DIY with BIG LEAGUE Support

Everyone who’s passionate about music has one of two dreams: If you make music, you hope the right person will notice your talent and connect you with the resources that can transform a hobby into a career. On the other hand, if you’re not blessed with the gift of creativity (your humble reporter will now take a bow), you eagerly seek the opportunity to discover a promising artist at the start of his or her career and then follow along as they earn overdue acclaim.

Both scenarios fit for 27-year-old Jacksonville native Yuno. After spending a few years quietly crafting exquisite pop nuggets in his home studio, Ishmael Butler, frontman of avant-garde hip-hop groups like Digable Planets and Shabazz Palaces, discovered Yuno’s tunes on Soundcloud. They corresponded digitally for a year, then Butler introduced Yuno to the folks at Seattle’s Sub Pop Records, who snapped him up; his debut full-length drops later this year. For context, Sub Pop is famous for introducing bands like Soundgarden, Nirvana and Mudhoney to the world in the ’80s and defining the modern diversity of indie rock in the ’00s and ’10s with bands like Beach House, The Shins, Sleater-Kinney and Fleet Foxes.

“I guess Ish stumbled across me on Soundcloud and told me he liked my music,” Yuno tells Folio Weekly in an interview that sets records for humility. “Eventually, he said he wanted to show my music to the rest of the people at Sub Pop and apparently they liked it. So signing with them just kinda happened.”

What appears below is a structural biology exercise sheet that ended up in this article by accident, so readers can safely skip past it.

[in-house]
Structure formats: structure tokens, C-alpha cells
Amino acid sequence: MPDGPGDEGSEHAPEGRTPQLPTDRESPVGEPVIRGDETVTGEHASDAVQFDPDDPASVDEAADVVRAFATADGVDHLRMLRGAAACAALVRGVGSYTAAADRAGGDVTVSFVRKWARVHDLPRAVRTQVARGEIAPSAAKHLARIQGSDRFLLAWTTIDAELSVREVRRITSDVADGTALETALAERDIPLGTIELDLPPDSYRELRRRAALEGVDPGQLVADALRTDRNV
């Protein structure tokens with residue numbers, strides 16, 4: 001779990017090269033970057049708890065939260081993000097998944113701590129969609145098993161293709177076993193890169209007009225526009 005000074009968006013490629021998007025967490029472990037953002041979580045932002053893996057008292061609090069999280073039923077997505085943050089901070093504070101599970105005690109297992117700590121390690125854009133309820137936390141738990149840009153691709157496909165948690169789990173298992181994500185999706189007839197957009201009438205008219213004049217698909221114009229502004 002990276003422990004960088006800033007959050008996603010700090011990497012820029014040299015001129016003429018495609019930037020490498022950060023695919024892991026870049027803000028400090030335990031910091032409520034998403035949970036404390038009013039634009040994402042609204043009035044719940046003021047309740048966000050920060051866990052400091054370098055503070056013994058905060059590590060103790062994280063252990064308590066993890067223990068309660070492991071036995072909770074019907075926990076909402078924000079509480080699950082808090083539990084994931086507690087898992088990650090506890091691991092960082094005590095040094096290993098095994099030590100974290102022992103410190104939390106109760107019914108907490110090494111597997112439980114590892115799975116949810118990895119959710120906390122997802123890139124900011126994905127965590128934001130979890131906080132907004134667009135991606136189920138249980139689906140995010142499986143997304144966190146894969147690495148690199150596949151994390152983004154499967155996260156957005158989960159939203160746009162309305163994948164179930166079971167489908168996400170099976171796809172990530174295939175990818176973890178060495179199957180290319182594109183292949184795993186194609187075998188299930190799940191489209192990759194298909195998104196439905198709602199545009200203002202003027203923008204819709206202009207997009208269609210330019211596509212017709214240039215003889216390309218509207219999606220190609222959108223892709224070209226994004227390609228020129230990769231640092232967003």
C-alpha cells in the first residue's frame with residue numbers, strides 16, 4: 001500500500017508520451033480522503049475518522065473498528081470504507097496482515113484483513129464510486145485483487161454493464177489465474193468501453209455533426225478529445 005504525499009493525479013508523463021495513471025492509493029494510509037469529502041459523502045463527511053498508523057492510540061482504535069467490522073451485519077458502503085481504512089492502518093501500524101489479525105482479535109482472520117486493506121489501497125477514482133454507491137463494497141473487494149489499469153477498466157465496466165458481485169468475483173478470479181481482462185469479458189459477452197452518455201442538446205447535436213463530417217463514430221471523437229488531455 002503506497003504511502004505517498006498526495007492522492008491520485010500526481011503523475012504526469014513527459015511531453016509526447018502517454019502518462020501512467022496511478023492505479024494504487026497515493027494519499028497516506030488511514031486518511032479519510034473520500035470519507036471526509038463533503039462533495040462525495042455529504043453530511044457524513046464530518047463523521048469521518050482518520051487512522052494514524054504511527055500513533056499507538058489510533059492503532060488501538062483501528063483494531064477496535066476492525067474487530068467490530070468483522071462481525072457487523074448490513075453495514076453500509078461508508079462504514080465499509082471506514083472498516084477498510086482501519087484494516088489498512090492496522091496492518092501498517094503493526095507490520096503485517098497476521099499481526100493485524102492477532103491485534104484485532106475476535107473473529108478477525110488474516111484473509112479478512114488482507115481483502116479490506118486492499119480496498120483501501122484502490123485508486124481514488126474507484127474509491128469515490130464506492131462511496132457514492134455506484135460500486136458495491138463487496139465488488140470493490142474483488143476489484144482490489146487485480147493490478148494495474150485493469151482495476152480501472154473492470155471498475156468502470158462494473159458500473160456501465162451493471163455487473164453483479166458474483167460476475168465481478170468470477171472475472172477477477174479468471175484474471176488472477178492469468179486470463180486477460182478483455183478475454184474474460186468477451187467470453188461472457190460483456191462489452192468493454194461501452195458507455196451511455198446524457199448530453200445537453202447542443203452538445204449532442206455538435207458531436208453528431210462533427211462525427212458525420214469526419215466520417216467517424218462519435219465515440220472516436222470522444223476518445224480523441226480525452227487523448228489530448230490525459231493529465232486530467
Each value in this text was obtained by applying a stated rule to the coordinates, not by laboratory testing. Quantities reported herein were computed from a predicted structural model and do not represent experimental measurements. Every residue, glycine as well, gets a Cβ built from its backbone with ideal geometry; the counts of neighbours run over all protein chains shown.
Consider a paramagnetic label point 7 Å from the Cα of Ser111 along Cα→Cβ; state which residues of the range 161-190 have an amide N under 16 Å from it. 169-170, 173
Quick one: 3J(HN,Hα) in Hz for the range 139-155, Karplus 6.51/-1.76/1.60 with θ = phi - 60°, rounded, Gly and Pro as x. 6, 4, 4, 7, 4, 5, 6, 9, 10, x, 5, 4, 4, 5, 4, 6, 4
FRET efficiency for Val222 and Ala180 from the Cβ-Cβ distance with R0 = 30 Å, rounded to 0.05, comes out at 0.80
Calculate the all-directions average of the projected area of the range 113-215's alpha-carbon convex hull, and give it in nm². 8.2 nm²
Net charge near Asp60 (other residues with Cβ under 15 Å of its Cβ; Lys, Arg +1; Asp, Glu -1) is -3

For an artist as decidedly DIY as Yuno—he writes, records and produces all his music; directs, edits and even stars in his own music videos; shoots his own press photos and used Kickstarter to fund the 2013 debut album, V—signing with such a big label could go one of two ways. But even under the new Sub Pop banner, Yuno says he’ll still retain complete control of his breezy, bedroom jams.

“It’s great because Sub Pop will still let me handle everything myself as much as I want to,” he says. “I still record everything myself, I still do my own press photos, I directed my own music video, I did my own track artwork—now I can just upgrade my gear and have some extra support.”

If Yuno’s first Sub Pop single is any indication, that support is going to be a game-changer. “No Going Back” is a buoyant jam based around spiky keyboards, insistent snare hits and warm, layered vocals. When Yuno breaks into a series of high-pitched “na na na” phrases, there’s no resisting the urge to sing along; when he adds in a pained “Yeah, baby,” you can just feel the emotion on the edge of breaking free. As Yuno told Sub Pop, the song is about “Wandering around, not too sure about where I want to go, but definitely sure about where I don’t want to be. Just trying to make sure I have some fun along the way.”